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September 11, 2019 @ 22:10 +03:00
2019 has been the year of Bitcoin, but also the year of Binance. Or at least the first half of the year was. During the first half of 2019, Binance made announcement after announcement, debuted a DEX, launched margin trading, and so much more. Between the constant positive media attention, and the Binance Launchpad platform for IEOs utilizing the native crypto token of the exchange, driving up demand, the altcoin called Binance Coin’s value skyrocketed as a result.
But come June things began to become less rosy for the crypto market poster child. Binance revealed it will soon be closing its doors to United States-based investors – a subset of crypto investors that make up the lion’s share of the market. The move is to comply with global financial market regulators, who do not want American citizens trading certain crypto assets that may be deemed securities or fall under specific regulatory guidelines.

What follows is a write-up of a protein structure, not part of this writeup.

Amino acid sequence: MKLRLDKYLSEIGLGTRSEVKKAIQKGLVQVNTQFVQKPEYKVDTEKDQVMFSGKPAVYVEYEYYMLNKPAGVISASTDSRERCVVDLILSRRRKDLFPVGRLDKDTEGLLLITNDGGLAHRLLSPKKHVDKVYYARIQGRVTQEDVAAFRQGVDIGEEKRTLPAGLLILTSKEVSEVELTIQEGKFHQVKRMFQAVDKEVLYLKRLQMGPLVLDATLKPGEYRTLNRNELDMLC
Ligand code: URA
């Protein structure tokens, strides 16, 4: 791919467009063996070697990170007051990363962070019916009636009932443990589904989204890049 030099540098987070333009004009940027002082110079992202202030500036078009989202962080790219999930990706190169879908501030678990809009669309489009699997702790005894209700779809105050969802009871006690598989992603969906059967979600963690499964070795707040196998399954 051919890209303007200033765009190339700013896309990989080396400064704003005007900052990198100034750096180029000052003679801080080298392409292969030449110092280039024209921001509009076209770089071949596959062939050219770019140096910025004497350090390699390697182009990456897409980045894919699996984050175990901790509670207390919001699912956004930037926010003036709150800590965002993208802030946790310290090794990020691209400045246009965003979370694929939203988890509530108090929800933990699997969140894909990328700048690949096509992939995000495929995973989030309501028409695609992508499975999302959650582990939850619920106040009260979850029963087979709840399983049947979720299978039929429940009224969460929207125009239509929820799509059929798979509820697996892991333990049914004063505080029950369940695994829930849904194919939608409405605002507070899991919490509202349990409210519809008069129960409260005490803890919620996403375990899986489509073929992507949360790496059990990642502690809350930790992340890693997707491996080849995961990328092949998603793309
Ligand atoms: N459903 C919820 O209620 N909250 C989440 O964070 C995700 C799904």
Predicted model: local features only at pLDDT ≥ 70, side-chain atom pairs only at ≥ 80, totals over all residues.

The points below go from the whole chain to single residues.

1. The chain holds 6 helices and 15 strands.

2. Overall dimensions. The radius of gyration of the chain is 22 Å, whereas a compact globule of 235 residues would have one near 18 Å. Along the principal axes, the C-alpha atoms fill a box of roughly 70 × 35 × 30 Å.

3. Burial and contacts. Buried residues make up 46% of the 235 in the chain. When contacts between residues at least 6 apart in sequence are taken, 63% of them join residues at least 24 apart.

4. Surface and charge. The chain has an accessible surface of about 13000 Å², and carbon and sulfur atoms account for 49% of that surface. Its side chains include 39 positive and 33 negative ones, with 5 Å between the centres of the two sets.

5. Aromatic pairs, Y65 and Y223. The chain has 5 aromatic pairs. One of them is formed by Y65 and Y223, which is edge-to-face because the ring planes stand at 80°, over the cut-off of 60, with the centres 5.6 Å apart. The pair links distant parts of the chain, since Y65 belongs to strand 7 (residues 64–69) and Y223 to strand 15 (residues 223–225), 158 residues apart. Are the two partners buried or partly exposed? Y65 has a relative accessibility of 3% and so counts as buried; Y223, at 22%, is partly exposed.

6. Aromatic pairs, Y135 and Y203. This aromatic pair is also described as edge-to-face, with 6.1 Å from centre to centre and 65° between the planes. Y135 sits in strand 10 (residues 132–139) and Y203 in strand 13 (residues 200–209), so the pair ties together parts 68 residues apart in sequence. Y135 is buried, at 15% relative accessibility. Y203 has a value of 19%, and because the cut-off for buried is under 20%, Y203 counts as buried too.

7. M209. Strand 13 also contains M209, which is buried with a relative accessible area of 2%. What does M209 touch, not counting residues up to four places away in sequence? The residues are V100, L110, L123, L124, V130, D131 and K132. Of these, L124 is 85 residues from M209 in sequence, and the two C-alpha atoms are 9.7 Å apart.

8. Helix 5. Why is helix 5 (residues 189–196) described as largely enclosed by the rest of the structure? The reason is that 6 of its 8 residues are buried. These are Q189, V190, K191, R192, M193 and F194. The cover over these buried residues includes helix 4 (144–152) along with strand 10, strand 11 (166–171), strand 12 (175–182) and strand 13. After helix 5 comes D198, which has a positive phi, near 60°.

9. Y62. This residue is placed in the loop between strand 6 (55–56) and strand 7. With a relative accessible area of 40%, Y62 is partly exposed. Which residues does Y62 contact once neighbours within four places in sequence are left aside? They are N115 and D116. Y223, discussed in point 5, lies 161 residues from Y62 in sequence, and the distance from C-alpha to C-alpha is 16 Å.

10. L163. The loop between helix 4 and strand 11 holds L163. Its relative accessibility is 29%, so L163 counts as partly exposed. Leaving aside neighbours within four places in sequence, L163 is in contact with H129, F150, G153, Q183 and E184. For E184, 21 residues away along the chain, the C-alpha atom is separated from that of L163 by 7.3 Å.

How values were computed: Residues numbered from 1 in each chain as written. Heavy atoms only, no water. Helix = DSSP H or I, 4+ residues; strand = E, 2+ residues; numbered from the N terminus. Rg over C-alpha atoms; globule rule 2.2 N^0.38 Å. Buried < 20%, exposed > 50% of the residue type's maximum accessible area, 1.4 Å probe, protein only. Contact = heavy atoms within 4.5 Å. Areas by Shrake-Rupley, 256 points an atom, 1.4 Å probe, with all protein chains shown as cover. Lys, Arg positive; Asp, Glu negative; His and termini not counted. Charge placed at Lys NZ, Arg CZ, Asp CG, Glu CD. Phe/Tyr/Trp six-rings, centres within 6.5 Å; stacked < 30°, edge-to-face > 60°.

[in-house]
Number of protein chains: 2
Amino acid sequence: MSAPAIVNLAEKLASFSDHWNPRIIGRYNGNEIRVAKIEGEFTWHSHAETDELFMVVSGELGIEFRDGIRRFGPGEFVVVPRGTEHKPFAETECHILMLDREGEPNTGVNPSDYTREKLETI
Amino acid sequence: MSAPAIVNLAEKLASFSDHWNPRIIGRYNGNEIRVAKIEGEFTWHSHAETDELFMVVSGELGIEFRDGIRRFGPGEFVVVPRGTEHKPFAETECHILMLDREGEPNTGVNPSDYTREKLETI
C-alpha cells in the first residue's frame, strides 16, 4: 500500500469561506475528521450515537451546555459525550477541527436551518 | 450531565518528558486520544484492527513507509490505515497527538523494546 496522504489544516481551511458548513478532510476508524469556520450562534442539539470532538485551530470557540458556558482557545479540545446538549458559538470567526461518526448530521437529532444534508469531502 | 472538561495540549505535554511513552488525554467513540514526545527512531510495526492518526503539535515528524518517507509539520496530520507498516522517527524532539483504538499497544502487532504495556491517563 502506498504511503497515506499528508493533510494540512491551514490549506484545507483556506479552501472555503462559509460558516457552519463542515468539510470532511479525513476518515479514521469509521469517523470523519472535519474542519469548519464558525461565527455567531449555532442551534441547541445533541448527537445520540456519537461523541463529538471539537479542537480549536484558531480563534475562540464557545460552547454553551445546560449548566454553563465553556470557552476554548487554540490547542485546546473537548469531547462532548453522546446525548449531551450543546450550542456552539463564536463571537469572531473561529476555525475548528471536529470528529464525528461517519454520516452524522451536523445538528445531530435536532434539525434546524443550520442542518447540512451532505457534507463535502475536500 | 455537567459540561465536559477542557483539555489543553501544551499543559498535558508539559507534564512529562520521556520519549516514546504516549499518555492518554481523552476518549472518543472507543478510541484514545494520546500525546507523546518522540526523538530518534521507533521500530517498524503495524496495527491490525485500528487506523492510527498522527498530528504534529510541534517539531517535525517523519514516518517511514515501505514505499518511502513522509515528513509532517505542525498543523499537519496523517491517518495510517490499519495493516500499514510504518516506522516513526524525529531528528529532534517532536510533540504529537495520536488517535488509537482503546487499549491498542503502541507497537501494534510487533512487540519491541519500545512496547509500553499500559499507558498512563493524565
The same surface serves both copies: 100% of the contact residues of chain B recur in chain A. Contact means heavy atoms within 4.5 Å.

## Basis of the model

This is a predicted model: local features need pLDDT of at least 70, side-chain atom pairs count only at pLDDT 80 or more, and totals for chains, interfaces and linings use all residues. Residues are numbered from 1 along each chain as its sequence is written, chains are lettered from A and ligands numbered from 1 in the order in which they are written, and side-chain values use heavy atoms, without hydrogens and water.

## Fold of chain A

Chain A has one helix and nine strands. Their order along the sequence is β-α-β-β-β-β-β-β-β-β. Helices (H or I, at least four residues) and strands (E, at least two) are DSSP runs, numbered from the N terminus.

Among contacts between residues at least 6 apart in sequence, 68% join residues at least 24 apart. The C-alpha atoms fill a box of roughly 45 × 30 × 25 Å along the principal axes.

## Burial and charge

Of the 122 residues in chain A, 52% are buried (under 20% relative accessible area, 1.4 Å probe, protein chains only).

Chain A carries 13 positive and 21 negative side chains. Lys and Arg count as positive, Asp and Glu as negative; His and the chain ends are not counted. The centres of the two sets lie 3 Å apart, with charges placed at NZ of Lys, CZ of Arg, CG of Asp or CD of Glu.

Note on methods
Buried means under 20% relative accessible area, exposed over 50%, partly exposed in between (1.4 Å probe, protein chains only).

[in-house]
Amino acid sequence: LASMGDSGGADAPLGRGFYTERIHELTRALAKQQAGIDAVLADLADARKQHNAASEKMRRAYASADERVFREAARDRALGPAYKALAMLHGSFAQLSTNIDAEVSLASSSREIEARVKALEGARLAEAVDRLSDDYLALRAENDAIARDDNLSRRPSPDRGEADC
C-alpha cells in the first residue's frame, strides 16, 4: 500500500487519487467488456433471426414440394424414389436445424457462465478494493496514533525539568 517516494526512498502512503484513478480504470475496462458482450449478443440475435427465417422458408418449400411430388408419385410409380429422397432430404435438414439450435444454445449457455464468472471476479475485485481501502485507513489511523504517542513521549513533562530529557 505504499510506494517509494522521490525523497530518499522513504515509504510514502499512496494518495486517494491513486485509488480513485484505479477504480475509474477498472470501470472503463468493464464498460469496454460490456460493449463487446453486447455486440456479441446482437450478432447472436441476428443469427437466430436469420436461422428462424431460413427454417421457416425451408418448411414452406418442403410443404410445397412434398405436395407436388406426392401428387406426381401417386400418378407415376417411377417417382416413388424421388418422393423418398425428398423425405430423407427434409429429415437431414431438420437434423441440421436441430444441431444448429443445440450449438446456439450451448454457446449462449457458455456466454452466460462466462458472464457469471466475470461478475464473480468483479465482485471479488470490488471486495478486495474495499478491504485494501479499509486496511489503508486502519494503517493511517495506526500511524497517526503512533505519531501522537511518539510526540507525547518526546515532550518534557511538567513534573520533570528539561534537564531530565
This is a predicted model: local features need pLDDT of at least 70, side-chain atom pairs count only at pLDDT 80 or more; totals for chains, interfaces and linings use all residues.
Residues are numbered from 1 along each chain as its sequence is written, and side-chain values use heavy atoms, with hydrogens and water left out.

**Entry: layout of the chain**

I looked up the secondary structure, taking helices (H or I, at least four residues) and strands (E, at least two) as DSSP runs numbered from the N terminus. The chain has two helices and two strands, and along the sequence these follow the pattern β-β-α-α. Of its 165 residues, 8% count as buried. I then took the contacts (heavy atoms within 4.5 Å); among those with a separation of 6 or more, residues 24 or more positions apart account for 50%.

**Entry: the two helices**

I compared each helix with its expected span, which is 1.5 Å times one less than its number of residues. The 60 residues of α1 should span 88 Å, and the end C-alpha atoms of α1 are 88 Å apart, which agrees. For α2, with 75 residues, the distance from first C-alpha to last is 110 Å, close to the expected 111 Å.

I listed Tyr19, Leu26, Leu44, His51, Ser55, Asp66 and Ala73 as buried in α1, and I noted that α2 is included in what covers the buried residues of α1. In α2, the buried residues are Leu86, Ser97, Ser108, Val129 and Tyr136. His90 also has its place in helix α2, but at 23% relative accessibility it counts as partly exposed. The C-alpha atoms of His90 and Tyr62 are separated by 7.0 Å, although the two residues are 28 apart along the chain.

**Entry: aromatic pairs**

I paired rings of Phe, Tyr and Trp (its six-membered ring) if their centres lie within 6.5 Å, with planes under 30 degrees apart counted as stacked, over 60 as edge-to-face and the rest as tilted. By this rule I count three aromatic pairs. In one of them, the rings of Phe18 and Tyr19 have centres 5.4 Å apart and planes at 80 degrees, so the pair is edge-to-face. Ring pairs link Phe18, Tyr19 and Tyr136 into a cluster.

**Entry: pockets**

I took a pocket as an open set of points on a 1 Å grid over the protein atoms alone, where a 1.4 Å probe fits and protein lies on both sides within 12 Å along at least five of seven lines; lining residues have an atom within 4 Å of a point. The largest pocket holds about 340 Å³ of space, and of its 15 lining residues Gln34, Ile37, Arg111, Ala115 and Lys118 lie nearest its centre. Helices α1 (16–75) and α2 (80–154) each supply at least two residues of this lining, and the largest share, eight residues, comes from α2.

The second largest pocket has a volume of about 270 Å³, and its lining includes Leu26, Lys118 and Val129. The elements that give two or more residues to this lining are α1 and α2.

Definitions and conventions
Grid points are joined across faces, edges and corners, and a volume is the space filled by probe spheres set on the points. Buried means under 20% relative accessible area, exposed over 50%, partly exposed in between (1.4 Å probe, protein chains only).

Instead, Binance will close trading and deposits for these customers, and usher them into a new US-based Binance exchange with only 29 altcoins and Bitcoin under consideration for inclusion. The uncertainty around the future value of Binance Coin, how it is implemented in the US platform, if at all, and many other unanswered questions remain, and it’s causing the value of Binance Coin to drop. One crypto analyst says that if support doesn’t hold in BNB price charts, Binance Coin could fall an additional 40% from current prices.
Much of the selloff in altcoins is due to crypto investors no longer willing to take the regulatory risk associated with some of the more exotic altcoins found on Binance and other platforms. The fear is these altcoins cannot be sold in some jurisdictions, essentially rendering them worthless to some investors. Rather than get caught holding permanently heavy bags, investors have been dumping alts in favor of the more regulatory friendly Bitcoin and Litecoin.